I should cut poor Chip a break, though. He's not himself today. His mind is on a particularly sad chapter in his Backstory. "Backstory," (as the writers clearly learned just minutes before the actors showed up to rehearse this episode,) explains how characters ended up where they are, and why they behave the way they do. Sometimes, revealing a key detail in one character's Backstory can influence how another character sees him or her. For example, Sophia's hard candy shell starts to crack when she learns that Chip's father tragically died from complications after being attacked by a boar.

And that Chip is the rightful heir to the Iron Throne
photo credit
When Chip's dad was running the show, their family farm was not an organic one, you see, and the animals were pumped full of antibiotics, so that when his wound got infected there was no way to treat it, since the boar germs had become antibiotic resistant. (Wait, can that really happen?) And that's why Chip is now a rogue sustainable farmer who doesn't over-medicate his livestock. Because inheriting a business and then immediately restructuring everything about it while continuing to make a profit is apparently a lot easier than the lady with the chickens from Food, Inc. made it look.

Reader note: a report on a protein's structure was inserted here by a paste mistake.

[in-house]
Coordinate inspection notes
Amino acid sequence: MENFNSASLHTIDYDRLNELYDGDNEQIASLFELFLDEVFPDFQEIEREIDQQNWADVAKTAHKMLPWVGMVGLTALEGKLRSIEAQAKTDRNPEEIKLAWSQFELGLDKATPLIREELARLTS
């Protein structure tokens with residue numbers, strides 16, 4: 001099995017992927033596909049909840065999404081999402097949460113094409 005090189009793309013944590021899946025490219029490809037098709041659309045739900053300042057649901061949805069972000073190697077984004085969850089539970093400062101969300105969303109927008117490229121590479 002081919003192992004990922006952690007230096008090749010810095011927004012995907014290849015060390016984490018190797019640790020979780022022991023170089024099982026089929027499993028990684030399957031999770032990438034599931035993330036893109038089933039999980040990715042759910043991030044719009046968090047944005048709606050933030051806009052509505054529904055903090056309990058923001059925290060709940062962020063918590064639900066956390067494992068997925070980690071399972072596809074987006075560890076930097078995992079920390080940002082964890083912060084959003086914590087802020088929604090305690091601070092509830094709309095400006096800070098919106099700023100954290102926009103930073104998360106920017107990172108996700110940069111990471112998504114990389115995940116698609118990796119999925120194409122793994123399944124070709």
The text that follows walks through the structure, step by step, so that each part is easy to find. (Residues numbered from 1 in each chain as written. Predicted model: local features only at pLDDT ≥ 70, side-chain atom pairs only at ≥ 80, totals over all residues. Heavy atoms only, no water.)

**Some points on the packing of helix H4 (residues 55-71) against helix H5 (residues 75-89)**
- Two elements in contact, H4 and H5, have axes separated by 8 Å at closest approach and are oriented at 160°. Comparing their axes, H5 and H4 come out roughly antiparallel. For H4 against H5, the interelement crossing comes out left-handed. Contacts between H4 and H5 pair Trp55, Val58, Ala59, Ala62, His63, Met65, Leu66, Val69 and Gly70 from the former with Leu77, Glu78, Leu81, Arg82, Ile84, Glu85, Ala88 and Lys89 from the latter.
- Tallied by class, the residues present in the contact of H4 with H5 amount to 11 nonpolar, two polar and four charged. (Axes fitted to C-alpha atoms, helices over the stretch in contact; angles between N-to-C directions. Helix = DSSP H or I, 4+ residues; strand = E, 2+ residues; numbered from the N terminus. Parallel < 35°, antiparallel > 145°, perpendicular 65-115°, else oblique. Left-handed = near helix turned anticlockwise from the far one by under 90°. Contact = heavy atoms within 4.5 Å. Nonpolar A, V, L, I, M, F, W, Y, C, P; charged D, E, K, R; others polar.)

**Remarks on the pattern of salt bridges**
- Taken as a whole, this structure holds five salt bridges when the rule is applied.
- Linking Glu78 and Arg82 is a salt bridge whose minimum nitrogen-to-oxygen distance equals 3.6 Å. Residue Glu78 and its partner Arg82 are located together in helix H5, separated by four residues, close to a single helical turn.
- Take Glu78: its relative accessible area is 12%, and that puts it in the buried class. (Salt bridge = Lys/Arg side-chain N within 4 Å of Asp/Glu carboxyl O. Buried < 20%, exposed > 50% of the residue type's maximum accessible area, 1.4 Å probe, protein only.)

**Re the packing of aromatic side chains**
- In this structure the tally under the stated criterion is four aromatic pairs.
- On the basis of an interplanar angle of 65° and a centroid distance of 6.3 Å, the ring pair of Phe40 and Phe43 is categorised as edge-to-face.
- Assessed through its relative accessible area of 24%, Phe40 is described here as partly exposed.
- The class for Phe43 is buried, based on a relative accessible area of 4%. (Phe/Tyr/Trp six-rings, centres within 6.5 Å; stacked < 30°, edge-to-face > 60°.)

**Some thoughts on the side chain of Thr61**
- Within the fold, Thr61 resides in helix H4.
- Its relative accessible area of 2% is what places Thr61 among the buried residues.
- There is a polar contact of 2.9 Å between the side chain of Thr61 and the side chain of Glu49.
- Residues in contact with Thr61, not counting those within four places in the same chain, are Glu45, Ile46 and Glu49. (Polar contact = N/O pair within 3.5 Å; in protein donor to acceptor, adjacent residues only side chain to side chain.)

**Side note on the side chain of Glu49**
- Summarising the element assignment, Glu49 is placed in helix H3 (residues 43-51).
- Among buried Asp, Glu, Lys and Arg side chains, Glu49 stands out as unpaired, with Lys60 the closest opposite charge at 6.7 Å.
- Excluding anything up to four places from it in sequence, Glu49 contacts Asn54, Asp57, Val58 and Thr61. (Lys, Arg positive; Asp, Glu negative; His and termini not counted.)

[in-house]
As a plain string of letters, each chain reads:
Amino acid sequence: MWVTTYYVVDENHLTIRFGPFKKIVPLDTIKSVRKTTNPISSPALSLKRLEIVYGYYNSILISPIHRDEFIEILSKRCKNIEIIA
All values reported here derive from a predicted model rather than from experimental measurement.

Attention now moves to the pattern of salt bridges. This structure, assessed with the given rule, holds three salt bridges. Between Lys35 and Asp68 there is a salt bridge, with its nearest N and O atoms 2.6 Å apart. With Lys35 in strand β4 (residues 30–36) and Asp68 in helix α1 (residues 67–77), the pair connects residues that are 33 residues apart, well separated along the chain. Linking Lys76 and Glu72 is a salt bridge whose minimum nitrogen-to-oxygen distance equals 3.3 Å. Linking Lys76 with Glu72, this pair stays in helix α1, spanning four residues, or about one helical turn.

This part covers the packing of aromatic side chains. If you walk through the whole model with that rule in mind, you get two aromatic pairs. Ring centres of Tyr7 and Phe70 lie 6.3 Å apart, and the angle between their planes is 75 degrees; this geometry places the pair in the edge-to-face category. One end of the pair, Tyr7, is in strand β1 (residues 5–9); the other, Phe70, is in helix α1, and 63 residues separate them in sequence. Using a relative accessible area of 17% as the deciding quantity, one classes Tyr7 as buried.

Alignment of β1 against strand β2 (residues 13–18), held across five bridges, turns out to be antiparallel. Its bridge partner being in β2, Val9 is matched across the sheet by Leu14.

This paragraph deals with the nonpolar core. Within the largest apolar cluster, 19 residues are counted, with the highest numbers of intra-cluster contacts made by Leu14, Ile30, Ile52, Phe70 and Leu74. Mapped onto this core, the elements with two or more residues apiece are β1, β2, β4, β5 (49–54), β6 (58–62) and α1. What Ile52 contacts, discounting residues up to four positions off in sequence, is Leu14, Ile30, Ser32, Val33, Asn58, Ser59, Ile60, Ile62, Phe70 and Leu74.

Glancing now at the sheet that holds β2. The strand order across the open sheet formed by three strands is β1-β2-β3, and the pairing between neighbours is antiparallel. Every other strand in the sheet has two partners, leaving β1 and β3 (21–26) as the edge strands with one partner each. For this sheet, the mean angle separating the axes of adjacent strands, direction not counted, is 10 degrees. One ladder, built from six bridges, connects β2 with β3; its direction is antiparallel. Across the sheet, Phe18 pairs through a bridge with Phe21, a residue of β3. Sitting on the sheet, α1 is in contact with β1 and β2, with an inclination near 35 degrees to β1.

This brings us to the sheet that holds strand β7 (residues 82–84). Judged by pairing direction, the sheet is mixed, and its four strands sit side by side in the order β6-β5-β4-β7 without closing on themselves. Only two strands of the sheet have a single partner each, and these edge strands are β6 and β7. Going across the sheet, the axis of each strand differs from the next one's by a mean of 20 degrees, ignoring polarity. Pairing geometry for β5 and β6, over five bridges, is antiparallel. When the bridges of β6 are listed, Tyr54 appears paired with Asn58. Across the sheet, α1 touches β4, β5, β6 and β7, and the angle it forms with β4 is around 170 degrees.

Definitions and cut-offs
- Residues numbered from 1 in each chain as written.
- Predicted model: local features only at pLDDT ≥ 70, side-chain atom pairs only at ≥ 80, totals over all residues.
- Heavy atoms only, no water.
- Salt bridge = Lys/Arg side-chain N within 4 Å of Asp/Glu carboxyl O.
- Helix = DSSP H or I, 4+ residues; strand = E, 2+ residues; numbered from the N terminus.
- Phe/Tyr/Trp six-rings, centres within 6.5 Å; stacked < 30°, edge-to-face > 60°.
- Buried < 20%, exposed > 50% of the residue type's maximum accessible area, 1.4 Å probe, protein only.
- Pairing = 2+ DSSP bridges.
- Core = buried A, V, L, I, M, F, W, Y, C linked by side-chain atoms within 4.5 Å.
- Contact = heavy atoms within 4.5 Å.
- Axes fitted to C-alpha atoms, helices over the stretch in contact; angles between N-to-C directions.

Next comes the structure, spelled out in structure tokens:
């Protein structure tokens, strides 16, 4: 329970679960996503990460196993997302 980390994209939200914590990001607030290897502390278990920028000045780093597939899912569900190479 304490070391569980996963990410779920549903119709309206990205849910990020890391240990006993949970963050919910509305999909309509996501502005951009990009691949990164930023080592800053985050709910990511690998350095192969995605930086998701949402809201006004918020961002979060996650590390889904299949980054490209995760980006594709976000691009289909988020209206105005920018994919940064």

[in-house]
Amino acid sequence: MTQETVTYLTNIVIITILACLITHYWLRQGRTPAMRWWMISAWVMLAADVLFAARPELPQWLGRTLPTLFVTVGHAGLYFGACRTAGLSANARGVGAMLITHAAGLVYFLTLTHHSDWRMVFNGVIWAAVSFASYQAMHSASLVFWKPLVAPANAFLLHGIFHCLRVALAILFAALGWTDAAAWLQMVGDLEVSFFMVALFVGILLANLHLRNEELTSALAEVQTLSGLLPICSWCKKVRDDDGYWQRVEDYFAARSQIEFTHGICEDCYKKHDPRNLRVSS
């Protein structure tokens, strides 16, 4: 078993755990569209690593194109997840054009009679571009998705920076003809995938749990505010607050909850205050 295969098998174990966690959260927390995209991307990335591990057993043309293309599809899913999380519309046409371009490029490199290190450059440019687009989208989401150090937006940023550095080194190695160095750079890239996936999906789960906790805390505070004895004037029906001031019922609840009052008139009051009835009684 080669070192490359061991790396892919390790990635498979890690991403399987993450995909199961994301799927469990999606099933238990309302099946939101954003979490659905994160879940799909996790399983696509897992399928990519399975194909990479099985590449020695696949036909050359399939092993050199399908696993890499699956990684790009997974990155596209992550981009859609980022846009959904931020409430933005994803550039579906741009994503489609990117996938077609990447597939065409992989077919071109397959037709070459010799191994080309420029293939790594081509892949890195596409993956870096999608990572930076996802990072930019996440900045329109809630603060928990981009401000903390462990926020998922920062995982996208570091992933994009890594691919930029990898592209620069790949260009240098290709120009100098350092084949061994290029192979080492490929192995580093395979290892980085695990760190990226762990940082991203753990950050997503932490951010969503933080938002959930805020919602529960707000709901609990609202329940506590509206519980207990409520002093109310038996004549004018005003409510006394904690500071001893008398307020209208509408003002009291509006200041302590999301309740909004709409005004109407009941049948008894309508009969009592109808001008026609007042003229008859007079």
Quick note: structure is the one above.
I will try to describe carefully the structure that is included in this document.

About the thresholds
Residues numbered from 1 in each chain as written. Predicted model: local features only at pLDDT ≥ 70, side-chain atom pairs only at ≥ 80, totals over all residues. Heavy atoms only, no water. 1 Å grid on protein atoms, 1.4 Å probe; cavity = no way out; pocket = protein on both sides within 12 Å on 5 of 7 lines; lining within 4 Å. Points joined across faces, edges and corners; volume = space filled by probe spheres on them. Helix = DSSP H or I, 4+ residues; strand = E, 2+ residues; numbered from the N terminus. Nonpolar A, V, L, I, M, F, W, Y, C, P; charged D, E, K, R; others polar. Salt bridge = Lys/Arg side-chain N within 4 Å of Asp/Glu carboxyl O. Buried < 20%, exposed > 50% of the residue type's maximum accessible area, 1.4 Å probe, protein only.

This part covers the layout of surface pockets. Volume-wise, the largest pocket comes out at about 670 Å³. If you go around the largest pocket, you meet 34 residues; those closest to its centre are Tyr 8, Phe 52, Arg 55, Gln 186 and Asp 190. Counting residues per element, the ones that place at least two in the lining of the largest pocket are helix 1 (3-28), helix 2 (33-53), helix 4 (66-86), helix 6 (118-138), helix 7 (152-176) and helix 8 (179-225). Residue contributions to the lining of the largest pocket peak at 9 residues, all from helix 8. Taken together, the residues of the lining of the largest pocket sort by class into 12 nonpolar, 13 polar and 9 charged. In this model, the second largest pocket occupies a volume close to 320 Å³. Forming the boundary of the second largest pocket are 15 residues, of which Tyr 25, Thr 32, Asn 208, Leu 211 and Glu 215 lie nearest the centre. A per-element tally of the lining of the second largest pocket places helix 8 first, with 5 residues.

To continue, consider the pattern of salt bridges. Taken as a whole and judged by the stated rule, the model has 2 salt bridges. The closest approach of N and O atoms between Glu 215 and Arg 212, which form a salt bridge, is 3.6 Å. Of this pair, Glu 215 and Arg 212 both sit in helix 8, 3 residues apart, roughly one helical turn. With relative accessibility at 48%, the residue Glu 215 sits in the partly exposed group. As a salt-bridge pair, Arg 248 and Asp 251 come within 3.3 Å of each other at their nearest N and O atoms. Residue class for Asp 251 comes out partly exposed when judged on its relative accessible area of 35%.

Sophia shows her empathy for Chip's daddy issues by eating a tomato right off the vine, and conceding that it tastes better than the ones from the supermarket.

And then we go to commercial.

Much like those surreal ad spots on AMC that feature actors from Mad Men, commercials on Farmed and Dangerous make viewers think a little harder than usual about the relationship between advertising and entertainment, and where the line is between the two.

At least once during each episode I've seen, there's been a commercial for a Special K bar that's supposed to help you lose weight. Which is something you're supposed to want to do.

And that's where I stop questioning Chipotle's motives and realizing that I know full well what those motives are. They want to set themselves apart from other fast food chains by sourcing healthier and more environmentally responsible ingredients. Everyone's got their thing that sets them apart from the competition. McDonald's has a clown. Wendy's has square hamburgers. Chipotle has the sustainability angle. And if not enough people know that they have the sustainability angle, well, they'll do whatever it takes to get the word out there, even support industrial agriculture.